Strait Street: Malta’s red-light district revealed, by John Schofield and Emily Morrissey; ISBN 9789993274209; Midsea Books, 2013


University of the West of England: Associate Head of Department, History and Heritage
Salary scale: £45,491—£54,826; closing date: 23 August 2013

Requirements include a substantial record of achievement as an academic, covering teaching, research and professional practice in a relevant subject area and significant evidence of leadership within an education-based organisation. See the Academic Jobs website for further information.

University of Winchester: Lecturer/Senior Lecturer in Late Medieval History 1300—1500
Salary scales: £30,424—£34,223/£35,244—£44,607; closing date: 23 August 2013

See the University of Winchester website: post no. HSS-F07.

University of Aberystwyth: Lectureship in Early Medieval European History
Salary scale: £33,230—£36,298; closing date: 27 August 2013

The successful candidate will have a strong research record or exhibit evidence of the capacity to develop such a record in any relevant field of the history of continental Europe between c 400 and c 1100. Visit the website of the University of Aberystwyth for further information: ref. HW.13.02.

Historic Royal Palaces, Hampton Court Palace: Head of Historic Buildings and Research: salary £38,888; Curator, Historic Buildings: salary £31,861; Curator, Collections: salary £31,861
Closing date: 30 August 2013

See the HRP website for further information.

Scuola Normale Superiore di Pisa: Professor of Classical Art History and Archaeology
Closing date: 30 August 2013

Pisa’s Scuola Normale Superiore invites expressions of interest (in English or Italian) from scholars in the field of Greek and Roman art history with a proven record of achievement and the potential to lead research activity and contribute to the teaching of Classical Art History and Archaeology at graduate and undergraduate level. To apply, see the Academic Jobs website.

CBA Listed Buildings Caseworker for England
CBA Local Heritage Co-ordinator
Salary £22,000—£24,000; closing date: midnight 31 August 2013

The Council for British Archaeology has two vacancies for staff posts based within its secretariat in York. The Listed Building Caseworker for England will develop and maintain a distinctive role for the CBA as a national amenity society in the national heritage protection and planning systems, enabling wider public participation in discovering and protecting the UK's historic environment, principally in connection with listed building casework. The Local Heritage Co-ordinator will develop a UK-wide network of effective local advocates for the historic environment, focusing initially on England, that is reasonably self-supporting at a local level, but which feeds wider issues up to the CBA for national advocacy and action as appropriate. Both posts will work closely with community-focused CBA colleagues to integrate with and enhance the CBA’s voluntary engagement strategy. Full details are available on the CBA website.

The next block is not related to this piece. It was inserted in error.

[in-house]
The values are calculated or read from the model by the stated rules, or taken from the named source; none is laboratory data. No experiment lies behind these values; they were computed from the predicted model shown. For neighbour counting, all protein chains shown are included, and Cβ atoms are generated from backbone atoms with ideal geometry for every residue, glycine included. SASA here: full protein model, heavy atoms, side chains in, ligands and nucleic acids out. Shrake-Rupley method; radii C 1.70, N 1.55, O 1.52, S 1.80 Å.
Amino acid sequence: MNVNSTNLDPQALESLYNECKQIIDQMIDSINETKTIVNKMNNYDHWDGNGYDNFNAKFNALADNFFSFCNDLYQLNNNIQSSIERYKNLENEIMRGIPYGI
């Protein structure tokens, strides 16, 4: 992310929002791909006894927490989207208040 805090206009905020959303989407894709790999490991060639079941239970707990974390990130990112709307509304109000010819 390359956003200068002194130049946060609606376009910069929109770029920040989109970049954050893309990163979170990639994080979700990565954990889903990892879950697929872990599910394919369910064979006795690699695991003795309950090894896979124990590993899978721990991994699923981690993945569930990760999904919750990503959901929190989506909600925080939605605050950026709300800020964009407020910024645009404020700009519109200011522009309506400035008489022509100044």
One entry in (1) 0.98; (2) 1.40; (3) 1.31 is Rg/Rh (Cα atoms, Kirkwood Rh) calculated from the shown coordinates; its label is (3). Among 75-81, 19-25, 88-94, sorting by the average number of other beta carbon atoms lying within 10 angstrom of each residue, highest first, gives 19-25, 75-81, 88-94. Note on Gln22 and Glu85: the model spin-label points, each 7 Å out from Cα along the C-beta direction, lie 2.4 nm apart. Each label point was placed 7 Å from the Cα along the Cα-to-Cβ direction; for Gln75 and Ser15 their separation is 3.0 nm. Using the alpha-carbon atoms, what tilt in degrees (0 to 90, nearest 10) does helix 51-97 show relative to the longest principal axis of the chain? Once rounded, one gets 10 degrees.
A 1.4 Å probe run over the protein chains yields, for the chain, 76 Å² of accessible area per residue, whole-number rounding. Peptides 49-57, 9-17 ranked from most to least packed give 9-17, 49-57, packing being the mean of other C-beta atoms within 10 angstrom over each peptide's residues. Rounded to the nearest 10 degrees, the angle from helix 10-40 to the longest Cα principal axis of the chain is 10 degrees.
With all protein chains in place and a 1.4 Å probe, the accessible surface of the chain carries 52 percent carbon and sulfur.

University of Cambridge: The A G Levantis Professorship of Greek Culture
Salary scale: £65,435—£132,860; closing date: 20 September 2013

For further details, visit the Cambridge University website and look under ‘Professorships/Directorships’, where you will also find details of the Disney Professorship of Archaeology (closing date 16 September 2013) and the Laurence Professorship of Ancient Philosophy (20 September 2013).

British Institute of Eastern Africa: Director
Salary negotiable; closing date: 6 September 2013

Wanted: a mid-career researcher active in any field of the humanities or social sciences, preferably with a particular interest in Eastern Africa, plus a track record of internationally excellent publications and experience in securing research funding. For further details, visit the Institute’s website .

Hughes Hall, Cambridge: President
Half-time for eight years from 1 October 2014; stipend pro rata and pensionable at an appropriate point on the University’s professorial scale; closing date 17 October 2013

The Governing Body of Hughes Hall, one of the thirty-one colleges of the University of Cambridge, intends to elect a new President as Head of House to succeed Sarah Squire, who will be leaving office on 30 September 2014. Applications are welcome from candidates with a distinguished record of achievement in academic or professional life, with the ability to be an effective ambassador for the College and command the respect of members of the college, providing inspirational leadership and making a major contribution to its ambitious development projects and the pursuit of academic excellence. Further particulars and additional information about the college can be downloaded from the Hughes Hall website.